The Best Time to Plant Colorado Blue Spruce Trees

Updated February 21, 2017

Colorado blue spruce's blue-tinged foliage has made it a popular landscape plant. Colorado blue spruce can live up to 600 years, according to USDA experts. There are cultivated standards (large) and dwarf cultivars of Colorado blue spruce.

Type of Container Affects Planting Times

There are three main ways to buy Colorado blue spruce: balled and burlapped (B&B), container potted or bare-root. Colorado blue spruce is rarely sold bare-root unless as bulk seedlings. The type of container, or lack of it in the case of bare-root trees, helps determine when to plant the tree.

Climate Affects Planting Times

In areas with mild climates, like Southern California, Colorado blue spruce can be planted nearly year-round. Harsh winters and freezing weather limit planting times in certain areas. Use a freeze/frost map like NOAA's to estimate planting times in cold weather areas.

Best Planting Time for Balled and Burlapped

Balled and burlapped trees have diminished root systems. They need to be planted before canopy growth begins. Late winter (February) through early spring (March, April) is best. Planting in early fall is acceptable since leaf and shoot growth has slowed.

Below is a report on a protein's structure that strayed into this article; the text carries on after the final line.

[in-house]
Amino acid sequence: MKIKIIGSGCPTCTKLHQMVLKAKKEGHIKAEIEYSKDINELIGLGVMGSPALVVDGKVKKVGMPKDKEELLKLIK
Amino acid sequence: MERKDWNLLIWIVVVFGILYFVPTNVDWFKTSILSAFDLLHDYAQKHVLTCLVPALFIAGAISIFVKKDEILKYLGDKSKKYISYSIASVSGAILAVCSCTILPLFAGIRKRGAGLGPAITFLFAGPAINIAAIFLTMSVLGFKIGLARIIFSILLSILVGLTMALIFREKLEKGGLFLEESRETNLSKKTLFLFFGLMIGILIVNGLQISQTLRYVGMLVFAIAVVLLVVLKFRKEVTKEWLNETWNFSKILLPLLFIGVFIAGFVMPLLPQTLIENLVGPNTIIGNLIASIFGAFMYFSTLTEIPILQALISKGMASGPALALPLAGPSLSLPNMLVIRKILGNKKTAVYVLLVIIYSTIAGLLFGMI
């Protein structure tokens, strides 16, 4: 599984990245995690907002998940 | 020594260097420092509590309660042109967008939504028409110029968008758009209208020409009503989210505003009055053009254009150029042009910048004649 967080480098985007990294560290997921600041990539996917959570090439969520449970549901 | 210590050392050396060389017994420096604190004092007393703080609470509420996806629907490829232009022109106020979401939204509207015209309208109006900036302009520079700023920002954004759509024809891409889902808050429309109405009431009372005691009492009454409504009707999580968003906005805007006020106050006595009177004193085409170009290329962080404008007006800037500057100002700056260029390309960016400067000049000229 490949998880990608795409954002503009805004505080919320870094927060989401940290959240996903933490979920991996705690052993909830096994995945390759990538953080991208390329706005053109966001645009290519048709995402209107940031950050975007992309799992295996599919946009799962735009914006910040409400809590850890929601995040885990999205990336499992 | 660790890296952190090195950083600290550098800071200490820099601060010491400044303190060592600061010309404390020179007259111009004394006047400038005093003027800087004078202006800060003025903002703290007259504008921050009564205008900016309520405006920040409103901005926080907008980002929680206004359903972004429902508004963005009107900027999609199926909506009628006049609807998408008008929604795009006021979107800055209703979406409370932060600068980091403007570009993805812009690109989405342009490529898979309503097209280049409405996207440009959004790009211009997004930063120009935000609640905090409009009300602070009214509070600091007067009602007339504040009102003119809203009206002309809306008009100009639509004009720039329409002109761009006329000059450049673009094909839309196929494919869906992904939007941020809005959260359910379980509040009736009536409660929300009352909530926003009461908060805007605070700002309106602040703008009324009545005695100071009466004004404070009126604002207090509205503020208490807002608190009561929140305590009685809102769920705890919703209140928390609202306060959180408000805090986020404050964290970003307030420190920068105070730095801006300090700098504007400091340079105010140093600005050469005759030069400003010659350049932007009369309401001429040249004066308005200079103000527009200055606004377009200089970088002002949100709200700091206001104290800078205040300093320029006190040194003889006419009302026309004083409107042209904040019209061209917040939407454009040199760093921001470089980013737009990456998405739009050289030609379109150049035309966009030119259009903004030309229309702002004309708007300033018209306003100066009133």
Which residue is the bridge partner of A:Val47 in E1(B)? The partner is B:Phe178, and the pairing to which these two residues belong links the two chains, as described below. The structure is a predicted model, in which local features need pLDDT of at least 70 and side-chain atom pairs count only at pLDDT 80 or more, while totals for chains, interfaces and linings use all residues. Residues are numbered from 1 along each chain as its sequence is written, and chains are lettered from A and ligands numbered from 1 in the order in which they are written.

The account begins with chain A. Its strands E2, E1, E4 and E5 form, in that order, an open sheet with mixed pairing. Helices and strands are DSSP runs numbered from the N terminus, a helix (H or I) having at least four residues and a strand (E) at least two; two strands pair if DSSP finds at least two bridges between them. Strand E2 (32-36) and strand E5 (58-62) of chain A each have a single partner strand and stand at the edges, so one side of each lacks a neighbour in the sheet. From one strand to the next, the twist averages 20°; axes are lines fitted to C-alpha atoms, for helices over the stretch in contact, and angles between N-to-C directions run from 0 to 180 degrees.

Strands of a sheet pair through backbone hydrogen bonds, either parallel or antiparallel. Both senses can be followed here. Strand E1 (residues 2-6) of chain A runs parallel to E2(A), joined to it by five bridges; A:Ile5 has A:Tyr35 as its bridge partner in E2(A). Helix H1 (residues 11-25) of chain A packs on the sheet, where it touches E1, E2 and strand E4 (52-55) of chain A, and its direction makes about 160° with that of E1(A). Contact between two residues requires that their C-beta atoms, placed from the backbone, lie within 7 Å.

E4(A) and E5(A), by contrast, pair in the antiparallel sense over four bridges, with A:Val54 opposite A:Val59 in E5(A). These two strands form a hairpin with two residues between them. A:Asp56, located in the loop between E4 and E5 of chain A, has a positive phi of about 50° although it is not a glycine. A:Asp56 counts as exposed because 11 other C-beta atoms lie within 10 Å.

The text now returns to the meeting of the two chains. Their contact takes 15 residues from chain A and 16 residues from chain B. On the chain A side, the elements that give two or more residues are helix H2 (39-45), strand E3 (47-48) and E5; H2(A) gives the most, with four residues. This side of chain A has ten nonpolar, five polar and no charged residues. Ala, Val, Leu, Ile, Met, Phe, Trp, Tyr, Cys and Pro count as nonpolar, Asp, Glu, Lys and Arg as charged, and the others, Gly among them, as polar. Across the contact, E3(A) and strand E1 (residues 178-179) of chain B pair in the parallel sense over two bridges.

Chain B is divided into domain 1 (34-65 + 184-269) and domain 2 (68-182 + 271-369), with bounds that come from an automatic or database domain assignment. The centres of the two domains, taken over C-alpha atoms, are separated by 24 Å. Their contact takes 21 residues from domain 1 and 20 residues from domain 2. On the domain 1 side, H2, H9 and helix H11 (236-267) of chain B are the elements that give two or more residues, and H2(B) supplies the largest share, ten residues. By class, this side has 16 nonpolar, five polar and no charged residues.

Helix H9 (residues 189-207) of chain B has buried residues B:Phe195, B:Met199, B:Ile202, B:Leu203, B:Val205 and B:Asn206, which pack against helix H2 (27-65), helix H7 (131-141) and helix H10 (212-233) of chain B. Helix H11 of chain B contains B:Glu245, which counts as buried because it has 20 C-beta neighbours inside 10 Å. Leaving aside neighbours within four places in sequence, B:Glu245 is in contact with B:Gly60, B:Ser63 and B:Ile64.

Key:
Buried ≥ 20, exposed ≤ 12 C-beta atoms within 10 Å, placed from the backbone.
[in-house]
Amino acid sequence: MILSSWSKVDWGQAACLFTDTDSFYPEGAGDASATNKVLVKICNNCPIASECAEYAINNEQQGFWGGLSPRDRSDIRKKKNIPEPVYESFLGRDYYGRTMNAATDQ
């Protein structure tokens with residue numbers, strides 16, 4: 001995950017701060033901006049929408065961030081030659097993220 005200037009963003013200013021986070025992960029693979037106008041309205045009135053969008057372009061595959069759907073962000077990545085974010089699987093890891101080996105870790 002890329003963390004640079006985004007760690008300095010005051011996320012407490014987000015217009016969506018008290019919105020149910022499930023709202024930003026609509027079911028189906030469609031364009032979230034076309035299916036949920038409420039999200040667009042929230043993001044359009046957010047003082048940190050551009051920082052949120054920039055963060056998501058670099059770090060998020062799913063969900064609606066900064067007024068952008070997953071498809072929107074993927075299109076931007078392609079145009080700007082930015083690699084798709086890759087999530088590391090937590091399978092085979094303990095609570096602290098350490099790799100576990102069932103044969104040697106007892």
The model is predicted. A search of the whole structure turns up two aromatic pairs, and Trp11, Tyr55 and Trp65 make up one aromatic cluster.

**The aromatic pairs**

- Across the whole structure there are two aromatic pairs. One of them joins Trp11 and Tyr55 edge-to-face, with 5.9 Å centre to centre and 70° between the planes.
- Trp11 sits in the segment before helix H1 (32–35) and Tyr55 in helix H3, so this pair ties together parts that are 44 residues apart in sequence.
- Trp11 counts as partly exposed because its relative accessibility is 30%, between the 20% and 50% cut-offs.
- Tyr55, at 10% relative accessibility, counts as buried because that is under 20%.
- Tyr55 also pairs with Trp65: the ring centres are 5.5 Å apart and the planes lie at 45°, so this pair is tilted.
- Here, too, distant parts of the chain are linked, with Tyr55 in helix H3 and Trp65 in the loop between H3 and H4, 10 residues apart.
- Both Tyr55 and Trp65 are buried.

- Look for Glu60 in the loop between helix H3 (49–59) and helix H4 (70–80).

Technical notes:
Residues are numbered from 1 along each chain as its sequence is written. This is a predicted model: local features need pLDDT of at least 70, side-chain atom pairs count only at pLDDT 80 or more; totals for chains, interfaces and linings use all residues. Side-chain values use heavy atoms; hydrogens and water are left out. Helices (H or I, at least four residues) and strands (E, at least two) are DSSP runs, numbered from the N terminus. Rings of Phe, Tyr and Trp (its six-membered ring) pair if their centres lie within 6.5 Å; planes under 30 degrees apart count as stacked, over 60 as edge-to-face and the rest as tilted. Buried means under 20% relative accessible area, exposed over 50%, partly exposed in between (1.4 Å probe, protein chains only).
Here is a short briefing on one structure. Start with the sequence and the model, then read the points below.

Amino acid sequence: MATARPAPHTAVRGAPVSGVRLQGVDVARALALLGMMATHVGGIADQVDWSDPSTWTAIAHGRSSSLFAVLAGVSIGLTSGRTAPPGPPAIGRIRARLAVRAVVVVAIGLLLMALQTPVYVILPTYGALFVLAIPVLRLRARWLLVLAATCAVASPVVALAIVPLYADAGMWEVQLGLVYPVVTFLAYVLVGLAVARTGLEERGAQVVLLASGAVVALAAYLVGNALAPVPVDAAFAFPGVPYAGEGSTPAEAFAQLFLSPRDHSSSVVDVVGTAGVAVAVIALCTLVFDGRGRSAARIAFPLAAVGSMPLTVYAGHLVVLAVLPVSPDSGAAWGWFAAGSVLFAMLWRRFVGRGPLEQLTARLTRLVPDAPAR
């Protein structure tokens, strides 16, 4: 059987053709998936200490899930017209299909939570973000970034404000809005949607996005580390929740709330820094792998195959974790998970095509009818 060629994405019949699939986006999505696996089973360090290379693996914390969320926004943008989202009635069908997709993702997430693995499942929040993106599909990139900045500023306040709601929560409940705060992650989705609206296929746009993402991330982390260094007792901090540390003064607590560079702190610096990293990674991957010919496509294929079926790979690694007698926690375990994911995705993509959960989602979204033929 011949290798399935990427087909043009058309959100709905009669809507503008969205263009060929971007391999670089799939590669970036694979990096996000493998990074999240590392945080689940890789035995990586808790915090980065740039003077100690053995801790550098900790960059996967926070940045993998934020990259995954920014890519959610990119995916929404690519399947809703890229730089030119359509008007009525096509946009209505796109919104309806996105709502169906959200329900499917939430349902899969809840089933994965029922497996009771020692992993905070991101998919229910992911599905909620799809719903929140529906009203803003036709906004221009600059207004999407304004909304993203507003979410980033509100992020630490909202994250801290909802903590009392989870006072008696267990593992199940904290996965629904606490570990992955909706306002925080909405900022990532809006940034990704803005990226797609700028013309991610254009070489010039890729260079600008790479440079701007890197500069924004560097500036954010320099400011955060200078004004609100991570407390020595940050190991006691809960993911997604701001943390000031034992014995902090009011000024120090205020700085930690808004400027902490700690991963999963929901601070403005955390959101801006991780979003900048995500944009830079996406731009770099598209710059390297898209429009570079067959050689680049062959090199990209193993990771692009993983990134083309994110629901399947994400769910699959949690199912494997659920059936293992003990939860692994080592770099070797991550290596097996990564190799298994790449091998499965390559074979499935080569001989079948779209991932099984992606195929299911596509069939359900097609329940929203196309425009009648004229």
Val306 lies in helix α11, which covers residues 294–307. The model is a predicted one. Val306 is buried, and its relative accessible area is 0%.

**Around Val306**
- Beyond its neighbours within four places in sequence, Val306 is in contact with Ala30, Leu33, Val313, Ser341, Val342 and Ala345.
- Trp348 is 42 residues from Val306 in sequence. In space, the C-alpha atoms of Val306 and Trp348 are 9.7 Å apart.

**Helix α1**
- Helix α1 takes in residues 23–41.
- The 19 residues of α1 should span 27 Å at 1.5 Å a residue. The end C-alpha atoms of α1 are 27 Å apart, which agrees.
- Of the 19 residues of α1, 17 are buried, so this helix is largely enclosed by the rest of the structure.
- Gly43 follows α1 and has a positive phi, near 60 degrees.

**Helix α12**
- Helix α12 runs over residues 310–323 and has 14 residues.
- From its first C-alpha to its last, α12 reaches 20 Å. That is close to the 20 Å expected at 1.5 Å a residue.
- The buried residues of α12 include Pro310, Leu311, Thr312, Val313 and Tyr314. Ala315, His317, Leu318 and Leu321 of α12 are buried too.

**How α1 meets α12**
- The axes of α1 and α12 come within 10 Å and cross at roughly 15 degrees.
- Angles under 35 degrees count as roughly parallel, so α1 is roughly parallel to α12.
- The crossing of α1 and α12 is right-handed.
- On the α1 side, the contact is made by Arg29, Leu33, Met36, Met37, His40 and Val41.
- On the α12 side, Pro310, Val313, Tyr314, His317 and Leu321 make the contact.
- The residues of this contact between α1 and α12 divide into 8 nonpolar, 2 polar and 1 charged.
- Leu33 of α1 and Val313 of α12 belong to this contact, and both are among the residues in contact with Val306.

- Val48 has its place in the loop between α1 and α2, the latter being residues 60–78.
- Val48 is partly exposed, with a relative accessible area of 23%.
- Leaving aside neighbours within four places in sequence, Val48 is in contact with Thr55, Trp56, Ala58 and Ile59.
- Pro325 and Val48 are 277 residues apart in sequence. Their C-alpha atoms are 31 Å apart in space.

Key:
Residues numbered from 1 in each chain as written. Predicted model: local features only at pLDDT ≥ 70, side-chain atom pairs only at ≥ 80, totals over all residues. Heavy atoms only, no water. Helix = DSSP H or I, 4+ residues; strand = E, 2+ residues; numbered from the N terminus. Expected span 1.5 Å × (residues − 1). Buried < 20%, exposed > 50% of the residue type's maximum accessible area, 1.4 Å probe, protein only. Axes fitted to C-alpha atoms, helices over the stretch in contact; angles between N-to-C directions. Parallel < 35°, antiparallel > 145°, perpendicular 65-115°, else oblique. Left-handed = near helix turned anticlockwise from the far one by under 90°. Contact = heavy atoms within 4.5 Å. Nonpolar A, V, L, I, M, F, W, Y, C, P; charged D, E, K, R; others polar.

Best Planting Time for Bare Root

Bare root Colorado blue spruces should be planted while dormant so roots can become established before leaf and shoot growth begins. Late winter through early spring is best depending on your climate and ground thaw date. Bare root spruces can also be planted in very early fall.

Best Planting Time for Potted

Potted Colorado blue spruces are either spruces dug up and potted for sale, or spruces that have been entirely container grown. Plant potted spruces in late spring through early fall. Spruces potted in field soil need early spring planting. Planting in spring through early fall is best for spruces grown in containers.

Avoid Late Fall Planting

Late fall-planted Colorado blue spruces will not have time to get established. They are very susceptible to winter injury and dieback.

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About the Author

Beth Asher began writing in 1972 for a catalog company. She has written for schools and charities, including Star Workshop Foundation. She was a John Deere representative for nine years, manager of Brown's Blueberries and an advisory member of King County Small Farms Board and the Washington Association of Landscape Professionals. Asher holds a Bachelor of Science in computer networking from City University.